17. Return to West Street and continue south to 416 West Street. Here is the site of the first Masonic Temple built of logs and dedicated in 1822 by the then Grand Master of Most Worshipful Grand Lodge of Free and Accepted Masons, Honorable John Sheets. This log structure had the only room big enough to accommodate a large gathering. The Presbyterians rented it for two dollars a month, and Father Shaw of the Roman Catholic Church held the first local Catholic christening ceremony here.


18. Continue south one-half block to Main. Notice the fine store fronts with fluted iron columns on the south side of the street These date from the 1850's when Madison had its own iron foundries.


19. Before turning east on Main Street. notice the store front three doors west of West Street. The fine, thin Tuscan columns of cast iron were made in Madison and are characteristic of the Italianate style of the 1850's. Note other store fronts on both sides of Main.
20. Turn east on Main to Mulberry Street, noting the upper portions of the store fronts on both sides of Main. The heavy cornices and well designed window caps were made to resemble carved stone and date from the 1850's, showing the influence of the Italian Villa style of architecture popular in this country at that time.

21. Turn south on Mulberry, walking on the east side of the street to get the best view of store fronts on the west side. This is the center of Old Madison, and this was the street used by passenger traffic from the wharf boat on the river to the center of the town. Many of the buildings in this block date from the 1830's and have fortunately survived almost without change, making this block one of the most perfect period pieces to be found today. Merchants lived on the second and third floors above the stores. Examples of Federal style dominate.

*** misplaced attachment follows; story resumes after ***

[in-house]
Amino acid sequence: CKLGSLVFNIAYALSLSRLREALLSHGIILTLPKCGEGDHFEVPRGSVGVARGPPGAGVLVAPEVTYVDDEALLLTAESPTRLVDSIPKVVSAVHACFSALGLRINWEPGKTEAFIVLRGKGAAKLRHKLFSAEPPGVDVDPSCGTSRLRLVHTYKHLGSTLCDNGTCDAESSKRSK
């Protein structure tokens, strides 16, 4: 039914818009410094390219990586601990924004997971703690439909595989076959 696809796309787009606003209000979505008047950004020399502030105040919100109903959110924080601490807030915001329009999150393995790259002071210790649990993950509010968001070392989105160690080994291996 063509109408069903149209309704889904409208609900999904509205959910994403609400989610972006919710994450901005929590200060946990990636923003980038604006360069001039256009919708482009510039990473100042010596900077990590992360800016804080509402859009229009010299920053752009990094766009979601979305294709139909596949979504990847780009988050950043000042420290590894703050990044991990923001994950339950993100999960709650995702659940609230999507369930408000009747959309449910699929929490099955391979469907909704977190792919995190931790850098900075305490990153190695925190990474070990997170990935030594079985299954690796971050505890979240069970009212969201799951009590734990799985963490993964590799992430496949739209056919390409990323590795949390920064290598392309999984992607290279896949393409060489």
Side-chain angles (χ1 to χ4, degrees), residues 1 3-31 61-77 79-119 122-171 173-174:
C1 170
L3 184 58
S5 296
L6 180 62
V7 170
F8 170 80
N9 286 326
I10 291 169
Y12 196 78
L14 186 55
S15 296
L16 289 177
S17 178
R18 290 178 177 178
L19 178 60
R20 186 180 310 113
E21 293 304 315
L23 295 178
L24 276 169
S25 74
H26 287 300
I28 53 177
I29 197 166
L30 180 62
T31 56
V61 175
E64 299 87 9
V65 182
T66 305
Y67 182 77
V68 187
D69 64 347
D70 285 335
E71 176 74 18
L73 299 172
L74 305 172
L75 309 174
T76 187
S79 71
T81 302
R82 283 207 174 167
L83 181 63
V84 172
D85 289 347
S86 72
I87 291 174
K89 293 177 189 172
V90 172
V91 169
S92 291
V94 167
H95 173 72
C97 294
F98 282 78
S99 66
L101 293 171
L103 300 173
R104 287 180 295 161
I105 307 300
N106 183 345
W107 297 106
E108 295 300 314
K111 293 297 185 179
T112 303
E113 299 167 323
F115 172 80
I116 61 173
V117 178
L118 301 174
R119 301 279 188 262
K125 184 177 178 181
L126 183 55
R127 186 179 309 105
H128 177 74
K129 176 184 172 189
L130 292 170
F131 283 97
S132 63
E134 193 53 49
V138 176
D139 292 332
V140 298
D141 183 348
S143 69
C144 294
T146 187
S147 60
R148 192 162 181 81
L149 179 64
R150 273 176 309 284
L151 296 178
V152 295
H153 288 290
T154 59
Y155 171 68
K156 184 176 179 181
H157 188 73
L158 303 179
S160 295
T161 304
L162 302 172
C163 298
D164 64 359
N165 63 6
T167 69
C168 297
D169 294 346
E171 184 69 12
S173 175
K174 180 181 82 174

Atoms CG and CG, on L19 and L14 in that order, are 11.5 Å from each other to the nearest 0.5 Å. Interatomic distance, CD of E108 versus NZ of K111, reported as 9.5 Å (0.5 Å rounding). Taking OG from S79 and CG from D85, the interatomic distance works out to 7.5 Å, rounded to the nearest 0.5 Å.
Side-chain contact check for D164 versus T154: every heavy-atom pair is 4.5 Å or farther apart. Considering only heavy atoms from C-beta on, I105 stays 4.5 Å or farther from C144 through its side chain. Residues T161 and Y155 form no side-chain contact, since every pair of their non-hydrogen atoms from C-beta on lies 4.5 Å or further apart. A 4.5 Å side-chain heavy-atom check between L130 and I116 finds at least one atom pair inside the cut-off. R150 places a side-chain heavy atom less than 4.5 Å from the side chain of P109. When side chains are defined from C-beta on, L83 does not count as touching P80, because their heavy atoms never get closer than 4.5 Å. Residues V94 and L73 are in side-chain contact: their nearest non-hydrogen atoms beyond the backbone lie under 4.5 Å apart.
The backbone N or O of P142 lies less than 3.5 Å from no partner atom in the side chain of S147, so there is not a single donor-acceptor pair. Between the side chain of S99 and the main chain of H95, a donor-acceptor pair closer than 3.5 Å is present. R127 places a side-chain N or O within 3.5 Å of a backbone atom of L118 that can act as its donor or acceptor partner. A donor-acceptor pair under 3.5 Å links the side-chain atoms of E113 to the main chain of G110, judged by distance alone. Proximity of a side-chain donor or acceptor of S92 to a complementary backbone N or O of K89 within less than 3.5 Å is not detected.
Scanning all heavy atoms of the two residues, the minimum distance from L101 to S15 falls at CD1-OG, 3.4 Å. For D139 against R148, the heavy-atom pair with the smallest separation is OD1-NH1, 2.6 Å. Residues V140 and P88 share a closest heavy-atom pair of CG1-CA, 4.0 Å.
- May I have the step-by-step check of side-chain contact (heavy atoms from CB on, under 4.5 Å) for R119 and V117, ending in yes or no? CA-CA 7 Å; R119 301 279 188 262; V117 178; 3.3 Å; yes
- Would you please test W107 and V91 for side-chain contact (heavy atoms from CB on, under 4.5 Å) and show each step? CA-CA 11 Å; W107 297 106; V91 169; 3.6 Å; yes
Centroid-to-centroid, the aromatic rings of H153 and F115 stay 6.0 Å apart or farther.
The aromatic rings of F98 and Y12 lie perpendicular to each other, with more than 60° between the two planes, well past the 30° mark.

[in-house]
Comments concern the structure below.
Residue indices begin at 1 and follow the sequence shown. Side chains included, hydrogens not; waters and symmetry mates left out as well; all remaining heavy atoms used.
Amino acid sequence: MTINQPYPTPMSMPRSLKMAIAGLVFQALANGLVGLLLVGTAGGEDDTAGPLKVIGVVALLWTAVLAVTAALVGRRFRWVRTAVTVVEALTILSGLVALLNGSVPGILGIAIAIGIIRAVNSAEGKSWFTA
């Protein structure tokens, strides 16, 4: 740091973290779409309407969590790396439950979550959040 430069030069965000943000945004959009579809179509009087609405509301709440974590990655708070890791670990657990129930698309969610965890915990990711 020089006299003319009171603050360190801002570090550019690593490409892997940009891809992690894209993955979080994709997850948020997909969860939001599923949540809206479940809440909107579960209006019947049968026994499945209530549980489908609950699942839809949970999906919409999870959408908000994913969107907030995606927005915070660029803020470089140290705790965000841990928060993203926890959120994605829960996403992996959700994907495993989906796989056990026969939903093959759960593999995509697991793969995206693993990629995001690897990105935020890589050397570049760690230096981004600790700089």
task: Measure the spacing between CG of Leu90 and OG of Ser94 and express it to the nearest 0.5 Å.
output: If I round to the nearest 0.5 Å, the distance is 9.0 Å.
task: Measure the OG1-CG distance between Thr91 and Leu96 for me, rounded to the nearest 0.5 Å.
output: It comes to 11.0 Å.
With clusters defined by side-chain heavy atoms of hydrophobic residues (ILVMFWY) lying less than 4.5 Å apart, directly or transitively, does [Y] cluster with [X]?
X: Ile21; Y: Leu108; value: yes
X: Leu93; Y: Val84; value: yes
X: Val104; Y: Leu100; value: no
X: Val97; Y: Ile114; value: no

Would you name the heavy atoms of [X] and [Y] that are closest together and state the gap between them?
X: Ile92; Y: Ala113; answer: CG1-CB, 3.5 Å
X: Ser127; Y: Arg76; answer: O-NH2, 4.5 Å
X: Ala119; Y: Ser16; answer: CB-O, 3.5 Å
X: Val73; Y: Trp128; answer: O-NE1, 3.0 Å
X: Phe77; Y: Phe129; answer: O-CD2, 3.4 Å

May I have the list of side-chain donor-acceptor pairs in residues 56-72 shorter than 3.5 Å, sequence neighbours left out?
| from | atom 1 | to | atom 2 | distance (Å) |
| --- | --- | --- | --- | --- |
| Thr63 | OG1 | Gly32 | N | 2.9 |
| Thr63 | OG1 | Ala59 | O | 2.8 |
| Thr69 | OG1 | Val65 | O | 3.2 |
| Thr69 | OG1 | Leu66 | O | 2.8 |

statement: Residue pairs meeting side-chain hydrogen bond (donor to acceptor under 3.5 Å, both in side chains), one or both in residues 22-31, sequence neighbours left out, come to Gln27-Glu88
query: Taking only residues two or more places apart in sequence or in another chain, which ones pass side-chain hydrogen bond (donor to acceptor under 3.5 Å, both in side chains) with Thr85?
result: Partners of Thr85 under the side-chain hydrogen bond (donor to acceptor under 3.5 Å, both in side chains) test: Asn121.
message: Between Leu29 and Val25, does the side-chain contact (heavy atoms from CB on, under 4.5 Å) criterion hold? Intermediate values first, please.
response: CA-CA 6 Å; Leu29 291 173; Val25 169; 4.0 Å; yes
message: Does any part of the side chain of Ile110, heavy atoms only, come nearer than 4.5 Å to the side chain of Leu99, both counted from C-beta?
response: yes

22. The building at 316 Mulberry housed Hentz' Bakery until January 1981. It had been a bakery continuously for a longer period than any other in Indiana, about 140 years. The exterior shows almost no change.

23. On the comer of Mulberry and Second, this building, formerly Central Hotel, was used in the film, "Some Came Running," 1958. The exterior has fine Italianate window caps and cornices.

24. Go east on Second Street one block to point of beginning, City Parking Lot. Look at the building on the northwest comer or the intersection of Second and Jefferson. The third floor of this building was a public dance hall, heated by a fireplace. Orchestras in packet boat days were small and the orchestra balcony hung over the stairway.

25. Before leaving the parking area, look south on Jefferson Street one-half block and note the location of the Post Office. This building occupies the site of the home of John Paul, said to have been the first home built in the area of Madison. Paul laid out much of the valley portion of the city.